Northern Cambria team competes in ‘Super Bowl’ of cheerleading

Cheerleading coach Stephanie Small called the Varsity D2 Summit, where her Junior 1 team won a championship title, “pretty much the Super Bowl of all-star cheerleading.”

The annual competition, which was held May 13-15, took place in Reunion, Florida, at the ESPN Wide World of Sports Complex. Every year, it hosts more than a thousand small gyms with 125 athletes or less from across the country.

This year marked the fourth year Xtreme Cheer Allstars — based in Northern Cambria — has attended the event. The gym took 76 athletes on five different teams. In order to compete, each team needed a “bid,” which can only be obtained upon winning a Varsity-brand competition at that team’s level.

There are six levels of competition at the D2 Summit that designate what skills can be performed in each routine. Level 1 allows only back and front walkovers, for example, while Levels 5 and 6 allow for more advanced stunts and tumbling.

The teams are also divided by age group and size, with categories such as “Senior Small” and “Junior Medium.”

XCA’s Junior 1 team, the “Bombsquad,” won the Level 1 Junior Medium final, beating out 21 other teams in their division. The gym’s Junior 2, Junior 4 and Senior 3 teams placed 13th, third and eighth in their respective categories.

Four out of the five teams that XCA brought to the competition made it to finals, something Small, the gym’s owner, called “a huge accomplishment in itself.”

“In our past four years of going, we’ve only ever had two teams make it to finals, and then this year we had four, so that was more than we’ve had ever,” Small said. “All of our teams did exceptional. It was pretty insane.”

The wins came after a long year of virtual competitions, restricted gym access and various athletes getting exposed to COVID-19. The pandemic often put a wrench in the team’s schedule, causing them to lose out on valuable mat time; group practices are typically held once or twice a week, with tumbling classes and private lessons providing additional practice.

Beth Cessna — whose 10-year-old daughter, Mackenzie, was on the winning Junior 1 team — said one aspect of the pandemic that made things more difficult was the virtual competitions, which prevented XCA from being able to see other groups perform. Cessna said Mackenzie spent anywhere from three to six hours a week training in the weeks leading up to the summit.

The first day of the competition was for preliminaries, with teams competing on the second day if they made it to finals. Cessna said families also attended the competition, either staying on Disney’s resort properties or commuting to the sports complex.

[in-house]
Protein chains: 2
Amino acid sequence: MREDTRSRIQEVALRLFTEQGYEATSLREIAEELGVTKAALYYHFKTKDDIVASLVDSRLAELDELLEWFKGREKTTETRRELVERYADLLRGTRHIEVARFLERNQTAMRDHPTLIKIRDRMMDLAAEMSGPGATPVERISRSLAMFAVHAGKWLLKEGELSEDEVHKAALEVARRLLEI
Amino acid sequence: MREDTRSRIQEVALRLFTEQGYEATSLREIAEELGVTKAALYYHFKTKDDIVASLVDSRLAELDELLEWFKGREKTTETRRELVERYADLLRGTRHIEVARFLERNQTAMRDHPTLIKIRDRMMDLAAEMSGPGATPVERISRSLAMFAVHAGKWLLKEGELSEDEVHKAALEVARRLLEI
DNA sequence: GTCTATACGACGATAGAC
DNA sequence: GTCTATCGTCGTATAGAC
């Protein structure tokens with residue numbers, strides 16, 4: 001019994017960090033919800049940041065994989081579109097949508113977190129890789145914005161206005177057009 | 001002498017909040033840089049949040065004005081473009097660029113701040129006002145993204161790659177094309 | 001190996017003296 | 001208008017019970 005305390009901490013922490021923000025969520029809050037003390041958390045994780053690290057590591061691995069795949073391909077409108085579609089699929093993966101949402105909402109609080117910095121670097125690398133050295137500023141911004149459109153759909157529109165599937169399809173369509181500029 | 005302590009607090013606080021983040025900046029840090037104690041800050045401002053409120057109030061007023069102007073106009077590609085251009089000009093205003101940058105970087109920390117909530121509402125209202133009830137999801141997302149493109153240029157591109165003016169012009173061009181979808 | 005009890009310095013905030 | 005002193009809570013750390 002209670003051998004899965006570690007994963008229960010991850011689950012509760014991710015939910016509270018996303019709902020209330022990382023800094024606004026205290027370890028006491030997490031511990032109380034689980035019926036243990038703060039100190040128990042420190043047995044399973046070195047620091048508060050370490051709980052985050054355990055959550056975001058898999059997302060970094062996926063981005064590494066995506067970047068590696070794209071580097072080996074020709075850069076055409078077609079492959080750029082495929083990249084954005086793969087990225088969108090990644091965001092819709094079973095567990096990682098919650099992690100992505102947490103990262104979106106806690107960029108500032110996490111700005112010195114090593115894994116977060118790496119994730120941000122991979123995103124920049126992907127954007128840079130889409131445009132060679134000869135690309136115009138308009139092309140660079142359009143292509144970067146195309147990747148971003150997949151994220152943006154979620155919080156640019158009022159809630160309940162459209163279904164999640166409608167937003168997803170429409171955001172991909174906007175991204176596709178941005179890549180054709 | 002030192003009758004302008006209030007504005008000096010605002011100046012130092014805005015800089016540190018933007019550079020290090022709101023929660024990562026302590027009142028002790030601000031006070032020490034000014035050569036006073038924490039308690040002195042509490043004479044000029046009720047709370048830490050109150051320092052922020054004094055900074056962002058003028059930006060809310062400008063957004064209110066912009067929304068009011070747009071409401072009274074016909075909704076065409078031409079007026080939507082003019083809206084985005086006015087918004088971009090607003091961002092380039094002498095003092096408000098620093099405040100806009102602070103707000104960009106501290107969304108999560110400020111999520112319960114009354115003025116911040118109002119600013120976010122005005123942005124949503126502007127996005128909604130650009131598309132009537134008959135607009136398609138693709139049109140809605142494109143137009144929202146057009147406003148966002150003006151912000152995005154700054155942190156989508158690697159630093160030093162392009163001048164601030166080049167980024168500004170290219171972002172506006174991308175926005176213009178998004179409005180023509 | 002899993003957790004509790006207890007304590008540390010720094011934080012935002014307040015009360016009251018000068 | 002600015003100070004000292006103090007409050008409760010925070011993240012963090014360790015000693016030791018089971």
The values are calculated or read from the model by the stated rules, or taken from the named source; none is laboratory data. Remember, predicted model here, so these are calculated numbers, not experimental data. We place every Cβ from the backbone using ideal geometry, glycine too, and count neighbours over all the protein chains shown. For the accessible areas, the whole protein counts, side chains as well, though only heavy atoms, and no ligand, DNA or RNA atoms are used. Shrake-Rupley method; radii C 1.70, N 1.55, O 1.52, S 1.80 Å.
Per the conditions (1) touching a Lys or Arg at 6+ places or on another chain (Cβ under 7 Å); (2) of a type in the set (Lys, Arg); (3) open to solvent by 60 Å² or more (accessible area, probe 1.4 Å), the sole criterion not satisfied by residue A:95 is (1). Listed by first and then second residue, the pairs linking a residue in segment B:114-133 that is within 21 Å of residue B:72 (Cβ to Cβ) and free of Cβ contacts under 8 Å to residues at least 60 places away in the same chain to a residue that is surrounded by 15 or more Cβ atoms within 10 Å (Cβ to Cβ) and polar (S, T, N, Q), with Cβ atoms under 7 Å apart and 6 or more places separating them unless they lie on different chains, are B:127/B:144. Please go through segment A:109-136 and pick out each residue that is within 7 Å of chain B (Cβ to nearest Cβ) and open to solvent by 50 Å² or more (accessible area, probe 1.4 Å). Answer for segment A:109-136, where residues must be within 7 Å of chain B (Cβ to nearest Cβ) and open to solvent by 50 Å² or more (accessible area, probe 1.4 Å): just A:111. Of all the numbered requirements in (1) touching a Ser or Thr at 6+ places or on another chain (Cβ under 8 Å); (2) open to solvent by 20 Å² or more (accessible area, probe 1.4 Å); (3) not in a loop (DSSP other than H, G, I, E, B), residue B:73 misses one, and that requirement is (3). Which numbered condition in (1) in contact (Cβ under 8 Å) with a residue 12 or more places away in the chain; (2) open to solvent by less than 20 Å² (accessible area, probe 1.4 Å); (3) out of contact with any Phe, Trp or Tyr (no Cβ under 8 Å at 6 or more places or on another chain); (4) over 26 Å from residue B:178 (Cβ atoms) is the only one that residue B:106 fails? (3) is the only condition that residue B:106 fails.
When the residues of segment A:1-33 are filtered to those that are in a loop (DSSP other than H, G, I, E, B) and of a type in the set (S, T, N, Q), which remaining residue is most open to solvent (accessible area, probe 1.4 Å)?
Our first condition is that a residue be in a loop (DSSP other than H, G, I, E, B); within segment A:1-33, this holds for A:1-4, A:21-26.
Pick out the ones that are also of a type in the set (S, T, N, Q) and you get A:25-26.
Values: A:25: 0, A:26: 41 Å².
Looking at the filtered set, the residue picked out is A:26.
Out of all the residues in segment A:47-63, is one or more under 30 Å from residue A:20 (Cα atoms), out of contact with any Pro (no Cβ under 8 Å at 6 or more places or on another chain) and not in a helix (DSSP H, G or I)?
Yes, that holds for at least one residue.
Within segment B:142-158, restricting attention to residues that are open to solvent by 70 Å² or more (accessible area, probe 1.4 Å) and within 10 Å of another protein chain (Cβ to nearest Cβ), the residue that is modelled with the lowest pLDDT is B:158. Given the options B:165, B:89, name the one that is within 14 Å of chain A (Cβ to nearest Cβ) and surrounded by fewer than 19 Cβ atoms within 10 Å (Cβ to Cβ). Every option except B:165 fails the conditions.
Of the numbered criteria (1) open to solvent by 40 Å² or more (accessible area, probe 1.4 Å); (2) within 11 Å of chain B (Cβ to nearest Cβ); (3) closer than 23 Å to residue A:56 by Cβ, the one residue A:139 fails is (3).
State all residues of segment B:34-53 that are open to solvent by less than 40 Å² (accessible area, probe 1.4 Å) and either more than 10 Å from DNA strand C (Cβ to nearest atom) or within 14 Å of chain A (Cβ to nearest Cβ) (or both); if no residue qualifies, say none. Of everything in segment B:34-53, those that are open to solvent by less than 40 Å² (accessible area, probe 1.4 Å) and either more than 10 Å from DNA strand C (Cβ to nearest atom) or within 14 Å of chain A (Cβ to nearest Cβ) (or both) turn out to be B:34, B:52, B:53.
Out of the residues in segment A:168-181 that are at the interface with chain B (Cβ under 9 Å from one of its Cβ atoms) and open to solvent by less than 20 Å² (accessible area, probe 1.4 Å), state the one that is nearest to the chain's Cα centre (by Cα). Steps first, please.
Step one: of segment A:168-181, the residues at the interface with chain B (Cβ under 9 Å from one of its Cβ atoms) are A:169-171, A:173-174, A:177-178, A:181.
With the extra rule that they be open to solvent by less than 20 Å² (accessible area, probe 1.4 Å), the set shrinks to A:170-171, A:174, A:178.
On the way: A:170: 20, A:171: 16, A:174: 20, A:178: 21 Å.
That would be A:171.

“This team has been pretty solid all season. They definitely worked hard, and they mesh well as a group,” Cessna said. “They just all got along — it was like an extension of their family, I guess.”

Mackenzie, for her part, felt excited about winning, and thinks they might be able to pull it off again next year.

“Some people have missed a practice or two because of (the pandemic), but it doesn’t really matter because some practices, we just tumble,” she said. “I feel like we might be able to win (again).”

Lacretia Wombacher’s 9-year-old daughter,

McKenna, is also on the Junior 1 team and has been cheering with XCA for three years. She said the D2 Summit was a gratifying way for the girls to show off what they’ve been working on all season, despite the COVID-19 protocols.

“I think the biggest struggle was being down there in the heat and the mask, and you had to wear them 24/7,” Wombacher said. “But (Varsity) had it strategically laid out so that everything we did while we were at the ESPN Center was timed perfectly to minimize any type of social distancing contact. It was a smooth process.”

The energy in the room when the Junior 1 team won, Wombacher added, was “just insane.”

“The girls were energetic because they knew that this was their time to shine,” she said. “It was an unreal experience, especially for our girls that are so young to be able to experience such a feat like this.”

Similarly, Small called it “an experience I will never forget.”

“It was absolutely amazing,” Small said. “Our kids were really excited to even place in finals. To even make it to finals alone is a huge accomplishment. I was already proud at that point. But then to place as high as we did — I was super proud of our kids.”


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